Author Topic: Smartphone spyware  (Read 1900 times)

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Offline Maik

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Smartphone spyware
« on: Thursday, 21 December, 2017 @ 15:26:05 »
Is your phone listening to your every word or watching you through the camera? How thousands of people are convinced 'coincidence' adverts are anything but

From today's Mail, might come across as somewhat paranoid but targetted adverts are nothing new. Question is, how much personal info is collected by smartphones and devices such as Amazon Echo and Google Home?

An article earlier this year on digital trends might give us a clue. Here's an extract:

Is your smartphone listening to everything you say? We asked the experts

“Smartphones are small tracking devices,” Michelle De Mooy, Acting Director of the Center for Democracy and Technology’s Privacy & Data Project, told Digital Trends. “We may not think of them like that because they’re very personal devices — they travel with us, they sleep next to us. But they are in fact collectors of a vast amount of information including audio information.”

If you doubt that, and you’re a user of Google services, take a minute and visit this link. If you’re logged into your Google account, it will show all your activity across Google’s services, from Chrome and Search to Android and YouTube. Tap Filter by date & product at the top, choose Voice & Audio, and then hit Search. If you’ve ever used voice search on Google, you’ll see a list of audio recordings that you can play back and listen to right now.

Few people realize that the data is there. Google is relatively transparent, in that it allows you to review what has been collected, but it doesn’t go out of its way to publicize that it’s there in the first place. Most other companies that record you don’t let you see what they have at all, and it’s far from clear what they’re doing with the audio.

Last year the CDT alerted the Federal Trade Commission (FTC) to a technology called SilverPush. It uses audio beacons to track your activities across devices: Your TV emits a tone during a commercial break, a tone that’s inaudible to you, but your phone is listening for it. Now they can link the TV and phone as belonging to the same person.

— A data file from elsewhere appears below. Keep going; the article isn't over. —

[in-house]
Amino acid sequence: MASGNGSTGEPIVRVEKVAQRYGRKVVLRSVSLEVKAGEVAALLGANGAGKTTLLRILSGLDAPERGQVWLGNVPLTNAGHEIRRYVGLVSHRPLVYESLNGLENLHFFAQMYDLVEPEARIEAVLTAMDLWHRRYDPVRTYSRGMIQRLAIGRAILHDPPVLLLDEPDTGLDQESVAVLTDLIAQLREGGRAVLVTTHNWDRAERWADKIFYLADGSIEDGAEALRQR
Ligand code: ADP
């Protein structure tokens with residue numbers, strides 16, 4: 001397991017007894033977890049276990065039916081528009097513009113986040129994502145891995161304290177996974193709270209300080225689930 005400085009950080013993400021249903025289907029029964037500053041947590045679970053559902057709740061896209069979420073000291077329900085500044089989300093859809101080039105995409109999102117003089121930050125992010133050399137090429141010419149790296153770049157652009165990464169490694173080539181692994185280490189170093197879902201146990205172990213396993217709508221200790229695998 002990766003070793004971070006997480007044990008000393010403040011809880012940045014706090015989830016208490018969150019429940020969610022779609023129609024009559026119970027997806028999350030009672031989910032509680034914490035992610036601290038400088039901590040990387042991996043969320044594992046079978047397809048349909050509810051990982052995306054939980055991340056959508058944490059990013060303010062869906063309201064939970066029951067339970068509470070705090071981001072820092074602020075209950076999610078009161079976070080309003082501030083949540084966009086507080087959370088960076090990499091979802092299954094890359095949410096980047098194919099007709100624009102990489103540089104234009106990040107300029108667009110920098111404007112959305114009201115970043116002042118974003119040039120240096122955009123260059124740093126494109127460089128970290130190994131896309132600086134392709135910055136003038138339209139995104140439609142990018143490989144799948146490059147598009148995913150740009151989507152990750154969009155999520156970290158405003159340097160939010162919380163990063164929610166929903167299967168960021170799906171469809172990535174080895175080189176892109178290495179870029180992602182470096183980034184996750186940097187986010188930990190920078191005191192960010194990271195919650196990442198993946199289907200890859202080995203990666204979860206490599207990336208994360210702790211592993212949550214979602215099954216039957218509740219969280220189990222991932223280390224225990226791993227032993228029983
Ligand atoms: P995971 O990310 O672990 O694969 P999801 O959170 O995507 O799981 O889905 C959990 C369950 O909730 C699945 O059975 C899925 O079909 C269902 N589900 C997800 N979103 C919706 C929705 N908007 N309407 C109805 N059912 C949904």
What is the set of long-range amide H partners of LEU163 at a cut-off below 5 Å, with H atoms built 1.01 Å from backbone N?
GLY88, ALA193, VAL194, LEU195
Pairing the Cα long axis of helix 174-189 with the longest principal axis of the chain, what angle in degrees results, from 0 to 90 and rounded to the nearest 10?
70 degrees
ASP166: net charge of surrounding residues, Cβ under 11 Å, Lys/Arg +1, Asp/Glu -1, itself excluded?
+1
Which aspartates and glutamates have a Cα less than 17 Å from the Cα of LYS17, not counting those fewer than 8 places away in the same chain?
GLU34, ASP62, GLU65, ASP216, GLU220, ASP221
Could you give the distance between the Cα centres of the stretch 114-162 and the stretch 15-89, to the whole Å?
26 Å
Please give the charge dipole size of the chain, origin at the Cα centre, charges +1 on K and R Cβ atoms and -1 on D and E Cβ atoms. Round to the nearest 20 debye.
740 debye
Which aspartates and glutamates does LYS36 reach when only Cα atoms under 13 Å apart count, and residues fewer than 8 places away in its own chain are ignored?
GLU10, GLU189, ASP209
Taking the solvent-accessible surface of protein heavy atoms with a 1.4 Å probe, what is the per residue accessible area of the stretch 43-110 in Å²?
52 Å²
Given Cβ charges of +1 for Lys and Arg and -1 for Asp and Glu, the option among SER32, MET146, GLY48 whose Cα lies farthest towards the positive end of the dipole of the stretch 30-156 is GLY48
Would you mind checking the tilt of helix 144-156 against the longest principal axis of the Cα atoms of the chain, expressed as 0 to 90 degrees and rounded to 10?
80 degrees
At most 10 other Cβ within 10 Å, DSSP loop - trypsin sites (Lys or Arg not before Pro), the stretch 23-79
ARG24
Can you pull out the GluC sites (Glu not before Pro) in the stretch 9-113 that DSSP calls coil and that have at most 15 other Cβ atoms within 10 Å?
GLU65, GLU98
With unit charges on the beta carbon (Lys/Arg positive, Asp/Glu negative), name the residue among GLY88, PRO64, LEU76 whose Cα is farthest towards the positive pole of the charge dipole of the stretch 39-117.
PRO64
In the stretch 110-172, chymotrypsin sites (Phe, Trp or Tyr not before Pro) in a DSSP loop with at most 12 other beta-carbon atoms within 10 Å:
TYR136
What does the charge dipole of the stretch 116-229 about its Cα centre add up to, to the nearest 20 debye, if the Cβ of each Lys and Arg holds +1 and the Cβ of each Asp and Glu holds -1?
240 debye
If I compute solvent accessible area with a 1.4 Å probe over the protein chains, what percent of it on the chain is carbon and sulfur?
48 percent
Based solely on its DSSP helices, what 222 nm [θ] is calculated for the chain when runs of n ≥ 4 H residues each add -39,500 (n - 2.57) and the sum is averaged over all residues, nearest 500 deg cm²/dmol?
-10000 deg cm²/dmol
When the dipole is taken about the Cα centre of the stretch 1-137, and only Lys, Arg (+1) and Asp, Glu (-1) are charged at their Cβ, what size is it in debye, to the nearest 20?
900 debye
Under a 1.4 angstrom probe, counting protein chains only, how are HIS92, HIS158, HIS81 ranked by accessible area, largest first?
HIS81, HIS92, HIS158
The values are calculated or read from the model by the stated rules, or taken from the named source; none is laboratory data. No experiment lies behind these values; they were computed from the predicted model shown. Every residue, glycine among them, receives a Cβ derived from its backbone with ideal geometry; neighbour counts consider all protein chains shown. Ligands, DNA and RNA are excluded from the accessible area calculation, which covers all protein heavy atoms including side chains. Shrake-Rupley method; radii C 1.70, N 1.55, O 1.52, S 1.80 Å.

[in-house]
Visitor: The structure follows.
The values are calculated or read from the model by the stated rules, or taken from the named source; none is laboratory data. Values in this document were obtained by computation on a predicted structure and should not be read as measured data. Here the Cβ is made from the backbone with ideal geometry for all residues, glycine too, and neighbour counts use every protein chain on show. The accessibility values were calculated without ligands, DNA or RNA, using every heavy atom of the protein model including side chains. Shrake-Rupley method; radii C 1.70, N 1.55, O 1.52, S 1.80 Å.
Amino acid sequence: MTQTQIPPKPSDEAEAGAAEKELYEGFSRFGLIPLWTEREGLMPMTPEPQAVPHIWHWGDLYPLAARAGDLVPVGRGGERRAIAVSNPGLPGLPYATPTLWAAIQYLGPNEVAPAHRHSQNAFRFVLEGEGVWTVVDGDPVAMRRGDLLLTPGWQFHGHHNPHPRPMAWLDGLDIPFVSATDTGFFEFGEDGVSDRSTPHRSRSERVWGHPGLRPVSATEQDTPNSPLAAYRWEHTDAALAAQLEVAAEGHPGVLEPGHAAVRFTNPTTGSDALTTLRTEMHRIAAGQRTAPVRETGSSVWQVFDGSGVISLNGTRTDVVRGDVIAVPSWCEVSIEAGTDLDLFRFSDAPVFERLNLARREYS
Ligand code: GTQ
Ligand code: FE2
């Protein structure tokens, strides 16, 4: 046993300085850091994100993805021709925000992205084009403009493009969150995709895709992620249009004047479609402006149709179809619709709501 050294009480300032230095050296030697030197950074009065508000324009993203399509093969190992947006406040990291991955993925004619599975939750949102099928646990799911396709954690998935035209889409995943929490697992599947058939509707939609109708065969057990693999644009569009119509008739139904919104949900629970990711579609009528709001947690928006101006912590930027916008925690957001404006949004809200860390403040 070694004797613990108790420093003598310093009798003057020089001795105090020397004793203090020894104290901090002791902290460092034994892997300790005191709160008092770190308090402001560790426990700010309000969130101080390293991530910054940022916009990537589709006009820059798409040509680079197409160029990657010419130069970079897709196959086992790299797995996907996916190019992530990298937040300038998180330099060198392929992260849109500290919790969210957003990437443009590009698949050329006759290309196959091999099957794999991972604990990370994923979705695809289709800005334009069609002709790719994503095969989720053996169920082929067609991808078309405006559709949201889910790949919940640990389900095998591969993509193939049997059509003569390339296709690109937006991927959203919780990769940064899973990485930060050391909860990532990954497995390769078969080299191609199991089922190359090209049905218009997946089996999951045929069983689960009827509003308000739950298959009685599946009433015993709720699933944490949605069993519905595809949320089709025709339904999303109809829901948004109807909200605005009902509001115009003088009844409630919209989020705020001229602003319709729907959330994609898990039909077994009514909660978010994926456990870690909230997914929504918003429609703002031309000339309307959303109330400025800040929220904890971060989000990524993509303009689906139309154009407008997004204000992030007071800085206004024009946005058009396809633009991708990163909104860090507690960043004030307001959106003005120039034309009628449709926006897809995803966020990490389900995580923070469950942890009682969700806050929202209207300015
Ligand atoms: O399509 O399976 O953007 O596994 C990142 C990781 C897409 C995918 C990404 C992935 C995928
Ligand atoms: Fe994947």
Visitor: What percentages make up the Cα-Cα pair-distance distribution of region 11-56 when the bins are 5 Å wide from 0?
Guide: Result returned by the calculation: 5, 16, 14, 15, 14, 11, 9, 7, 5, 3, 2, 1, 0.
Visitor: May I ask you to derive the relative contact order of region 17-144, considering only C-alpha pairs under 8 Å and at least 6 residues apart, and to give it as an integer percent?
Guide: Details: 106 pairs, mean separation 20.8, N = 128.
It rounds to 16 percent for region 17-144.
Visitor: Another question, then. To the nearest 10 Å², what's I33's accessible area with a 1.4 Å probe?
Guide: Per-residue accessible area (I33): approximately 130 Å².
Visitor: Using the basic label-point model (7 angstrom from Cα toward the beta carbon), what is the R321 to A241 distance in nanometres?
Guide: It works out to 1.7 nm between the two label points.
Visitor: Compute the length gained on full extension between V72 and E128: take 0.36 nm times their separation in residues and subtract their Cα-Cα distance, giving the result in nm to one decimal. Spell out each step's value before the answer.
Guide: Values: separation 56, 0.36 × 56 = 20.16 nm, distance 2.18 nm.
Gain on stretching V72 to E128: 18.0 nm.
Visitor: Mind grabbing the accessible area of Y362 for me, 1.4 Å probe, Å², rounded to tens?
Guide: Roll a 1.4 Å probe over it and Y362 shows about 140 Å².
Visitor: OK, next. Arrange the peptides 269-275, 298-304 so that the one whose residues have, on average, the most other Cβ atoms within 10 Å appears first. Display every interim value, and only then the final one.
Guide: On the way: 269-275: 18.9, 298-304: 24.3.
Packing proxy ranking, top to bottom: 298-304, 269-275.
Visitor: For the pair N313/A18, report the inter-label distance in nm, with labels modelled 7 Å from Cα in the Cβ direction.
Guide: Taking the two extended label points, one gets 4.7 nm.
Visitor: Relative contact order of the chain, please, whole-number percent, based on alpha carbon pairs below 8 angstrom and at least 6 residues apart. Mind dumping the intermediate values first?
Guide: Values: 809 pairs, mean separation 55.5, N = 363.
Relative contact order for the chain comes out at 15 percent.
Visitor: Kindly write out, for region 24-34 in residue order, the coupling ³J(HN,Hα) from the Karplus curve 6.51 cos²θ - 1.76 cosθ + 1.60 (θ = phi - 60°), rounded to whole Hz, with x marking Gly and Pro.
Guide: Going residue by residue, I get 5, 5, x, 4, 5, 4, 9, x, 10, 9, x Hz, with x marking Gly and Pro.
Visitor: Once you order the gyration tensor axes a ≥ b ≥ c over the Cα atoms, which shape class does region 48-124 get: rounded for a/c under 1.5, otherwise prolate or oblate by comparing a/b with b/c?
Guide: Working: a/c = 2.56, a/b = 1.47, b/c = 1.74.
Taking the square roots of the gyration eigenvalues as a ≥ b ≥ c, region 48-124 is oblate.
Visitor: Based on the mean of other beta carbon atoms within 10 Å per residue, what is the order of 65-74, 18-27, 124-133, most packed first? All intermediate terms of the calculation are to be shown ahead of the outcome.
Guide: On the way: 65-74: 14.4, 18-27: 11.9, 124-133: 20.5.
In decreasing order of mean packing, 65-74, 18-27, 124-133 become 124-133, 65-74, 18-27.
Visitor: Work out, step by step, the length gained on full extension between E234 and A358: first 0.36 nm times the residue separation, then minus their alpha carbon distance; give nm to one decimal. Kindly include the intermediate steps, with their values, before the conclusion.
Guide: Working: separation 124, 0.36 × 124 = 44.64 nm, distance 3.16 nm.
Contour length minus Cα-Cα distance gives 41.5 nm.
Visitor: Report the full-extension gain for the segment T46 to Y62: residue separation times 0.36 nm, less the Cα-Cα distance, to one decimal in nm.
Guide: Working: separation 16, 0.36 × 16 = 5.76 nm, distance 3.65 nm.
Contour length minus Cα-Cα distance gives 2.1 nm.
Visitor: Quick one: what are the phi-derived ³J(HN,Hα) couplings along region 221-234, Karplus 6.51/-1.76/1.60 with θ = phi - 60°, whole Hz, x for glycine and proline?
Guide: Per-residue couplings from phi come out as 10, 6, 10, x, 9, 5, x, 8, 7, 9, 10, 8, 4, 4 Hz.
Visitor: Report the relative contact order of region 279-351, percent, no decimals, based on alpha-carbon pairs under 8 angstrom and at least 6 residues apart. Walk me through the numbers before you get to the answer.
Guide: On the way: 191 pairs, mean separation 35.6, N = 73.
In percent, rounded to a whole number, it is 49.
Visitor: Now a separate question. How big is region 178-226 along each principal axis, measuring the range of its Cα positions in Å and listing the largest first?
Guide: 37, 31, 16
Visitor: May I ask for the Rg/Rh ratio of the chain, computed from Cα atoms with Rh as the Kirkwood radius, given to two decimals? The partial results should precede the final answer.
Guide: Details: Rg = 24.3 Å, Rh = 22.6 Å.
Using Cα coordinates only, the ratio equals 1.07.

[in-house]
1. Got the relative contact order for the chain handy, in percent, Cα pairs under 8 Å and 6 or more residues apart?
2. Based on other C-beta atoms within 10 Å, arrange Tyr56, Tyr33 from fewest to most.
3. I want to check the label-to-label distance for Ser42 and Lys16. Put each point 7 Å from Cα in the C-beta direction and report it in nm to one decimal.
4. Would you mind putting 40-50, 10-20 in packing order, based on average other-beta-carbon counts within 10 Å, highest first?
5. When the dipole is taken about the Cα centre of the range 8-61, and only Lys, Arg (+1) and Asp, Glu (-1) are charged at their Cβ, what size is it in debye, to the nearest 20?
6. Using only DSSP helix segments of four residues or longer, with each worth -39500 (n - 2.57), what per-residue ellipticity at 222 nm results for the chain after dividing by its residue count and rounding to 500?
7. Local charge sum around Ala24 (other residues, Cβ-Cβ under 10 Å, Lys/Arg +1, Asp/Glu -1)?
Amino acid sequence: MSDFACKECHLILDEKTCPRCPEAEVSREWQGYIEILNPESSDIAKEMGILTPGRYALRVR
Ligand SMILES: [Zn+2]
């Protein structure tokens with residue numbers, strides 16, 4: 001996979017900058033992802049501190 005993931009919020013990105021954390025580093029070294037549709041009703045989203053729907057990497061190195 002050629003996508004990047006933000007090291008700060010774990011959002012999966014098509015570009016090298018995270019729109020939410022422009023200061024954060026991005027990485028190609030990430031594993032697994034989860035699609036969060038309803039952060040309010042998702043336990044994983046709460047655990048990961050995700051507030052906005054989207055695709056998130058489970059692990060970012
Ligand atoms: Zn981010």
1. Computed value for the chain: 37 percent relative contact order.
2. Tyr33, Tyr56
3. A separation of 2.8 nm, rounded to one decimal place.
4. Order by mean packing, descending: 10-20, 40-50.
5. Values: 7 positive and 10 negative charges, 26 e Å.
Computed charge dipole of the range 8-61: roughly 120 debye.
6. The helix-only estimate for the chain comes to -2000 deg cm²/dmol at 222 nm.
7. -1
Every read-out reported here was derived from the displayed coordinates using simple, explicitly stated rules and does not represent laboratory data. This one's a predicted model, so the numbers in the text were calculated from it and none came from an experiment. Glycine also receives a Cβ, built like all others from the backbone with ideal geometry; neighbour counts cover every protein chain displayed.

“When you’re using a free service, you’re paying for it with your information, but the trade-off we’re making is really unclear to most people,” says De Mooy. “The internet that I see is vastly different than the internet you see. The content we see reflects the data that has been collected on us.”

Some people believe 'the government' are spying on them. I reckon that's unlikely, if only because the fashion is to out-source as much as possible to private enterprise. What happens to all the private data collected and traded by Google, Amazon, Apple....

Offline Jolly Roger

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Re: Smartphone spyware
« Reply #1 on: Friday, 22 December, 2017 @ 09:14:34 »
Very interesting to see a record of search history. I don't know how far back it goes, but I gave up looking after a year. I had no idea that location history was recorded as well. I know they say it is entirely private, but you do wonder if Government agencies could tap into it.

Offline TonyD

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Re: Smartphone spyware
« Reply #2 on: Friday, 22 December, 2017 @ 19:27:23 »
I see people (usually young people) buying single pints of beer, or a coffee with a credit card - they either have no idea, or no concern that their every move and transaction is being logged.

Same goes for Alexa and Echo devices, which of course are listening to every single word uttered in a household

Why are they so trusting?

Offline TonyKath

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Re: Smartphone spyware
« Reply #3 on: Saturday, 23 December, 2017 @ 15:23:22 »
I checked all this on my mobile a couple of weeks back.  Discovered that Google keeps a record of every single time I use an app. Why would they need that.  So I've turned off pretty much everything "Google". Including my GPS - but turn it on when there might be something specific I need it for which is rare.  I assume switching stuff off means it is actually off not just that it has become invisible to me.

Basically I reckon an Android phone is a people tracking and monitoring device.  Why do apps require access to so many parts of the phone.  One I installed and then removed wanted me to agree to it making calls!! And I use a Swiftkey keyboard for instant switching between English and Greek input.  I think I have pretty much agreed to it sending everything back to Microsoft who now own it.